Colombian weightlifter Oscar Figueroa, who secured the second silver medal for his country at the London Olympic Games, is one of the 5.5 million people displaced from their homes by the South American nation's decades-old internal conflict.
The medalist in the under-62kg class was born in Zarazoga, a town in the northwestern province of Antioquia, but at age 9 he left with his mother Hermelinda Mosquera and his three siblings to settle in Cartago, in the southwestern region of Valle del Cauca.
The clashes between paramilitaries and guerrillas and the lack of economic opportunities in Antioquia were the main reasons that Oscar and his family left to seek a better future, which - in the end - he found in sports.
Figueroa tried an assortment of sports early on - soccer, basketball, swimming and even karate - but eventually settled on weightlifting, thanks to the advice of a physical education teacher who saw great possibilities in him.
From that point forward, Figueroa never stopped training, not even when he had to do his obligatory term of military service.
All that discipline and effort began to pay off in 2004 when he qualified for the first time for the Athens Olympics, where he came in fifth in the under-56kg class.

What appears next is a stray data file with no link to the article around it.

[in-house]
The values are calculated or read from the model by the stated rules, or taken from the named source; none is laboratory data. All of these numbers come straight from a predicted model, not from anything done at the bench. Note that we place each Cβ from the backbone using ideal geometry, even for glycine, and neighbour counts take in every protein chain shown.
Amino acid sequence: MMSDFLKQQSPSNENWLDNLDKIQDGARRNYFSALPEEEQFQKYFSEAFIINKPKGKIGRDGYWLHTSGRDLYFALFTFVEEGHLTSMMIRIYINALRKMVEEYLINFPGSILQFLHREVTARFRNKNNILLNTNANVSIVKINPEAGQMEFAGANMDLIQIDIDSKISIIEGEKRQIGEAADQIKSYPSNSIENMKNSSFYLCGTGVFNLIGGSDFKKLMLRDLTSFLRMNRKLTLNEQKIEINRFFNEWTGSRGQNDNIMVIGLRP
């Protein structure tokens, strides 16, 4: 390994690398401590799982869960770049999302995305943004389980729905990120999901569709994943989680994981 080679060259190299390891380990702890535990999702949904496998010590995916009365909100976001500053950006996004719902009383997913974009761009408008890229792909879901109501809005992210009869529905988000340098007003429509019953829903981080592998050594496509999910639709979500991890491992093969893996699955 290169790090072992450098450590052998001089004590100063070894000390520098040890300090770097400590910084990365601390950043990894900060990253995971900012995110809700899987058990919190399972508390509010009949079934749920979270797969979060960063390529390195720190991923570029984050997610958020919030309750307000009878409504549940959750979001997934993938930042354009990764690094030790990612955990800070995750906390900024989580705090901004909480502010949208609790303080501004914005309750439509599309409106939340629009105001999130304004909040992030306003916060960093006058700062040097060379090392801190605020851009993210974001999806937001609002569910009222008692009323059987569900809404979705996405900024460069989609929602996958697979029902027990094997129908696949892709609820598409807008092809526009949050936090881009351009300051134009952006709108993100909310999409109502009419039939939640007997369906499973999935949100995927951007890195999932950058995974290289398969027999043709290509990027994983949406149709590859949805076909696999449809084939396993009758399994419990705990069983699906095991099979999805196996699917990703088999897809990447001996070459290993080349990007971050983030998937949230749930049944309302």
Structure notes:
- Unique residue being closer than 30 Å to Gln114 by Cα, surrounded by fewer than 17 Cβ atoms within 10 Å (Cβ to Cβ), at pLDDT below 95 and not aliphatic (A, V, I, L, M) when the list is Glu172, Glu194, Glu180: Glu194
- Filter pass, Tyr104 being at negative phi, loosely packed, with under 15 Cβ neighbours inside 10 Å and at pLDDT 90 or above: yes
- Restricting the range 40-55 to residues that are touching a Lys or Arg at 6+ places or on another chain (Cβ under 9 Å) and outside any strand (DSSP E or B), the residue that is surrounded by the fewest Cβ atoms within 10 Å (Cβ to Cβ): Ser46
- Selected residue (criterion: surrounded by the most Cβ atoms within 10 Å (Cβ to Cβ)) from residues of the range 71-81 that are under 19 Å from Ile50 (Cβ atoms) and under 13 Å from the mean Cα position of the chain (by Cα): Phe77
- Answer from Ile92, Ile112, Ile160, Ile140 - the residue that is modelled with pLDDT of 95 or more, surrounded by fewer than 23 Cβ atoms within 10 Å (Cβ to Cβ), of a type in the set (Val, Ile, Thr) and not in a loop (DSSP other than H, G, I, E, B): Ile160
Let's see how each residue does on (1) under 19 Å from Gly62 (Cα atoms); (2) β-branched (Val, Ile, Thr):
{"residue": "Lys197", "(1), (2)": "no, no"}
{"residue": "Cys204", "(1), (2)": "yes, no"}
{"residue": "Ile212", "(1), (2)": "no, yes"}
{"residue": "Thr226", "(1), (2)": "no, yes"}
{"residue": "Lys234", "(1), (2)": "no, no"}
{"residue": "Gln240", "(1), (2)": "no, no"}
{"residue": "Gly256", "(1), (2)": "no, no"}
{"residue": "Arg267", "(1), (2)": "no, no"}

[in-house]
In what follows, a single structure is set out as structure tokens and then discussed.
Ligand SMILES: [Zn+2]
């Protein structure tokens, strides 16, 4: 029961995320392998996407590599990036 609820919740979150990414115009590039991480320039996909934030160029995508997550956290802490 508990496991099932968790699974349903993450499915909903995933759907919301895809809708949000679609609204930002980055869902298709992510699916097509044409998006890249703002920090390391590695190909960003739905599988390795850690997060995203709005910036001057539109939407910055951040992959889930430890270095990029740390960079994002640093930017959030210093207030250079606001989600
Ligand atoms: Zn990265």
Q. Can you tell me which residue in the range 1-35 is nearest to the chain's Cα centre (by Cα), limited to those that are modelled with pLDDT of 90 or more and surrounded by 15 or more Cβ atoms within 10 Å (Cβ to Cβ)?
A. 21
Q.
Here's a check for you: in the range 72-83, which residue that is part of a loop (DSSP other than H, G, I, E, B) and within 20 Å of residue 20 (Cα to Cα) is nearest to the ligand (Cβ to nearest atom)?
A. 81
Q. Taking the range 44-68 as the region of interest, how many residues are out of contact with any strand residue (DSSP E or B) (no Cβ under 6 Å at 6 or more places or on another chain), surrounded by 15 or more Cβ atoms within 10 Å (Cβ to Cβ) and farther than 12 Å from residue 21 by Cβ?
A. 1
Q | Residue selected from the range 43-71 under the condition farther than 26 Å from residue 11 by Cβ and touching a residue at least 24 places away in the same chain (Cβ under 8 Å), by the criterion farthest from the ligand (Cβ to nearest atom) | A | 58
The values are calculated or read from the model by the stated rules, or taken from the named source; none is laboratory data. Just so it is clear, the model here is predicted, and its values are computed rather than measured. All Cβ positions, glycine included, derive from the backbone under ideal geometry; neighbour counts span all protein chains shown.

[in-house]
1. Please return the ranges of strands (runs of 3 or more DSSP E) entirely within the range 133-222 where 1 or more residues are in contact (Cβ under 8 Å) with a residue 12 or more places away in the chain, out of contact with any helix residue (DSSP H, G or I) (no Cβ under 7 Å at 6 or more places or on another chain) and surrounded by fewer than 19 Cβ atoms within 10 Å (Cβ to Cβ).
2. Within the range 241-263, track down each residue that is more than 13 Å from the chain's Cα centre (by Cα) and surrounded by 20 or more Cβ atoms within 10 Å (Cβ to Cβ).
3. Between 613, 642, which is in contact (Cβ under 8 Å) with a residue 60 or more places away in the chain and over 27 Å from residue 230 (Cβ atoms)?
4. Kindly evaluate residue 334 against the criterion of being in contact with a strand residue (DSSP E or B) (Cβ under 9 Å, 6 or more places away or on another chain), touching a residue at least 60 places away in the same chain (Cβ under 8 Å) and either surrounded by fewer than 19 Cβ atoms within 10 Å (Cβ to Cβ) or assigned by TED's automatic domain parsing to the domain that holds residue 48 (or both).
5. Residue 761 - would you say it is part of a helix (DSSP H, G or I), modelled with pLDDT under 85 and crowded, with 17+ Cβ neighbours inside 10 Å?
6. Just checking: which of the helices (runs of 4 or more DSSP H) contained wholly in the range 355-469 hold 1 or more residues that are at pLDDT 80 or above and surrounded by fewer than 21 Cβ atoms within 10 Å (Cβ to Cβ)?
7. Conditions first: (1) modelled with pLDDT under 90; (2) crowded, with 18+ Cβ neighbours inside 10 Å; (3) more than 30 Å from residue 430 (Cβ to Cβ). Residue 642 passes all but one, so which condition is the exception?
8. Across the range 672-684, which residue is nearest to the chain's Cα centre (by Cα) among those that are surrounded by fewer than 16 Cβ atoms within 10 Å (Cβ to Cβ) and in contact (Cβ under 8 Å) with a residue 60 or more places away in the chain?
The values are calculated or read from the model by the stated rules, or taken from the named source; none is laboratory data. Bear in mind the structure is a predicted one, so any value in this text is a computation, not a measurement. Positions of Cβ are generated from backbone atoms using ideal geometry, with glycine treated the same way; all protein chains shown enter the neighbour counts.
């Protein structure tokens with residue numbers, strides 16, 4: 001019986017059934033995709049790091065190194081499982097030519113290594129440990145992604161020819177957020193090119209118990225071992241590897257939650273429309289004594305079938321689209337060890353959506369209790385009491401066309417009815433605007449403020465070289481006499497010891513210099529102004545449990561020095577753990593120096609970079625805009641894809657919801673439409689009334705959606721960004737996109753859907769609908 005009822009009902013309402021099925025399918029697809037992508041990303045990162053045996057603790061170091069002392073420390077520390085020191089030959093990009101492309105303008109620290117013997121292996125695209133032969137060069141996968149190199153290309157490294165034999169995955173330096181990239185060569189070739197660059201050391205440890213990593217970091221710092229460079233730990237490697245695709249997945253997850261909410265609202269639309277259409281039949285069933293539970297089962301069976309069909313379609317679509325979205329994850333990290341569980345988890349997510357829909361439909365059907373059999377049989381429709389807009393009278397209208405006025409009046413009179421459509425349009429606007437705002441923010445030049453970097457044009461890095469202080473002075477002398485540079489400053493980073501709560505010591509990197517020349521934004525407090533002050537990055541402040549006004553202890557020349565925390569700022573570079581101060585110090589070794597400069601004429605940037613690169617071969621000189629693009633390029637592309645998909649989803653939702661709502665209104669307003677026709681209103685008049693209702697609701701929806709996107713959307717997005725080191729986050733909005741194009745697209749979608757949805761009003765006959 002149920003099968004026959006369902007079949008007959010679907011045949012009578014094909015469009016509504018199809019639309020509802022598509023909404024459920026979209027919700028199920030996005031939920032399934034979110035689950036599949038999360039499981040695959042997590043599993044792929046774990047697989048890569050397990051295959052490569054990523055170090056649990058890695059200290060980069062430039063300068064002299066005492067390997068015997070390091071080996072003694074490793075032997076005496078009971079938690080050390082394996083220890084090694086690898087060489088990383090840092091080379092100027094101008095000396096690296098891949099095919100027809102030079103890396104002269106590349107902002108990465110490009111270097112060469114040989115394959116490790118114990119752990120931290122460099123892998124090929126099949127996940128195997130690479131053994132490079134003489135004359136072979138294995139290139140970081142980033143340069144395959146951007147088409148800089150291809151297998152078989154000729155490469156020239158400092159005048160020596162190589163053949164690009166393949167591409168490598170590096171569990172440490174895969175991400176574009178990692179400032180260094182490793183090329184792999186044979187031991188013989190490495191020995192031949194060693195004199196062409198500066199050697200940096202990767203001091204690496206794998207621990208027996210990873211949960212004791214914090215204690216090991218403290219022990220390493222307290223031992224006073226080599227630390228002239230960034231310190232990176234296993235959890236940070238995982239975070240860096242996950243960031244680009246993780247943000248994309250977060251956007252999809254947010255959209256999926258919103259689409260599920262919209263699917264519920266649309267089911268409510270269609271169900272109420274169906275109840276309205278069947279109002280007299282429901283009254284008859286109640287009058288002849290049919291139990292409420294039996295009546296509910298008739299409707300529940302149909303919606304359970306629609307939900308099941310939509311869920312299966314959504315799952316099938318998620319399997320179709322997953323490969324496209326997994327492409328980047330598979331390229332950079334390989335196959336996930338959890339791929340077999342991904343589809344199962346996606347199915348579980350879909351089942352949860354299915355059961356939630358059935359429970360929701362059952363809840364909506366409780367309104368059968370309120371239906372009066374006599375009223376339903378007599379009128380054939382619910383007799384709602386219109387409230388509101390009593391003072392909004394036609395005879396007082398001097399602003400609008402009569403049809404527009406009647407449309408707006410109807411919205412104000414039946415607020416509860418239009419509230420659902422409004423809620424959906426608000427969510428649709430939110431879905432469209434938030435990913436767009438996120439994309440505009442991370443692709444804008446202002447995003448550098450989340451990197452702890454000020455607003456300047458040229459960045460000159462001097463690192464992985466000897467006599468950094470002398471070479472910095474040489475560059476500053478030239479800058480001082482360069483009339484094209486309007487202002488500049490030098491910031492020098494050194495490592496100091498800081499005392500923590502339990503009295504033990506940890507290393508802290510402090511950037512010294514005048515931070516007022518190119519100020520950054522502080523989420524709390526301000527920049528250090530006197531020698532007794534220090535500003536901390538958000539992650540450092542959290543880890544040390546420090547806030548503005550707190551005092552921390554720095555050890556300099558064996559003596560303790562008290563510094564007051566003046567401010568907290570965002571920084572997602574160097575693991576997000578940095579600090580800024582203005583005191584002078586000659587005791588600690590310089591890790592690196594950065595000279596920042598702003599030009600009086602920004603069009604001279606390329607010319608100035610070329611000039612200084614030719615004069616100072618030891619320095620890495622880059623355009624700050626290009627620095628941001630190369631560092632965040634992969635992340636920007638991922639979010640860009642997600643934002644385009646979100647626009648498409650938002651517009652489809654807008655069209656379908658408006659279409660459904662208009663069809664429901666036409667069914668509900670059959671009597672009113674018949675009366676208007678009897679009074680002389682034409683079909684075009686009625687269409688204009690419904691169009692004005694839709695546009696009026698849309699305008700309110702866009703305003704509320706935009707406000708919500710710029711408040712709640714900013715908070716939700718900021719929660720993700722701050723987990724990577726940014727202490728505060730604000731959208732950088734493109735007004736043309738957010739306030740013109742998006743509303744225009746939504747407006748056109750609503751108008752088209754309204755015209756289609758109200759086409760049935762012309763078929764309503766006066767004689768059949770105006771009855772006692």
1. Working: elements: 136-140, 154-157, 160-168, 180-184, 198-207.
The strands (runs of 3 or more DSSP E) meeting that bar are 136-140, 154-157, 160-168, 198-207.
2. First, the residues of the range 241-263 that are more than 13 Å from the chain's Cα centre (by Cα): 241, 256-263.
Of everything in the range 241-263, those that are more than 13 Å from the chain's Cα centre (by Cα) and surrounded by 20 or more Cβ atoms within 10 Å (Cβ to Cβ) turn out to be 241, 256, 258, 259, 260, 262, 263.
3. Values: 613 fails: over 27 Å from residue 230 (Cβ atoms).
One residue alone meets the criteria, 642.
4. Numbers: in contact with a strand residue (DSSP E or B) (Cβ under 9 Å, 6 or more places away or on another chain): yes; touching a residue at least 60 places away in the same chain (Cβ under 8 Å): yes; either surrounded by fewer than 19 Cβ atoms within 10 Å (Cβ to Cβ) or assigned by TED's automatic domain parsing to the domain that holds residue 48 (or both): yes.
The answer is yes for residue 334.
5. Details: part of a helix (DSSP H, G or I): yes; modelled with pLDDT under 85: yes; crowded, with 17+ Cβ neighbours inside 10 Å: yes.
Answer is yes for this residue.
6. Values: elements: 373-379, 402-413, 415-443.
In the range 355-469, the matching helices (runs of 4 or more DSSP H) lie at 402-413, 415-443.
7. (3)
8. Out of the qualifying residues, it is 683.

In 2006, he won the silver medal at the world competition in Santo Domingo as well as second place in the Central American and Caribbean Games.
He prepared himself carefully to compete in the Beijing Olympics in 2008, where he hoped to win a medal. However, an injury to his right wrist prevented him from having the chance to realize his dream.
After some disputes with Bulgarian trainer Gantcho Karouskov, Figueroa thought about withdrawing from the sport, but he changed his mind when he began using local trainers - especially Jaiber Manjarrez, with whom he is still working.
In 2011, Figueroa won the gold medal at the Pan American Games in Guadalajara and that was a foretaste of what would happen in London, where, after two failed lifts, on the third try he managed to heft 177 kilos and garner the silver.
With this achievement, the 29-year-old Figueroa brings Colombia's total Olympic medal-count to 13. EFE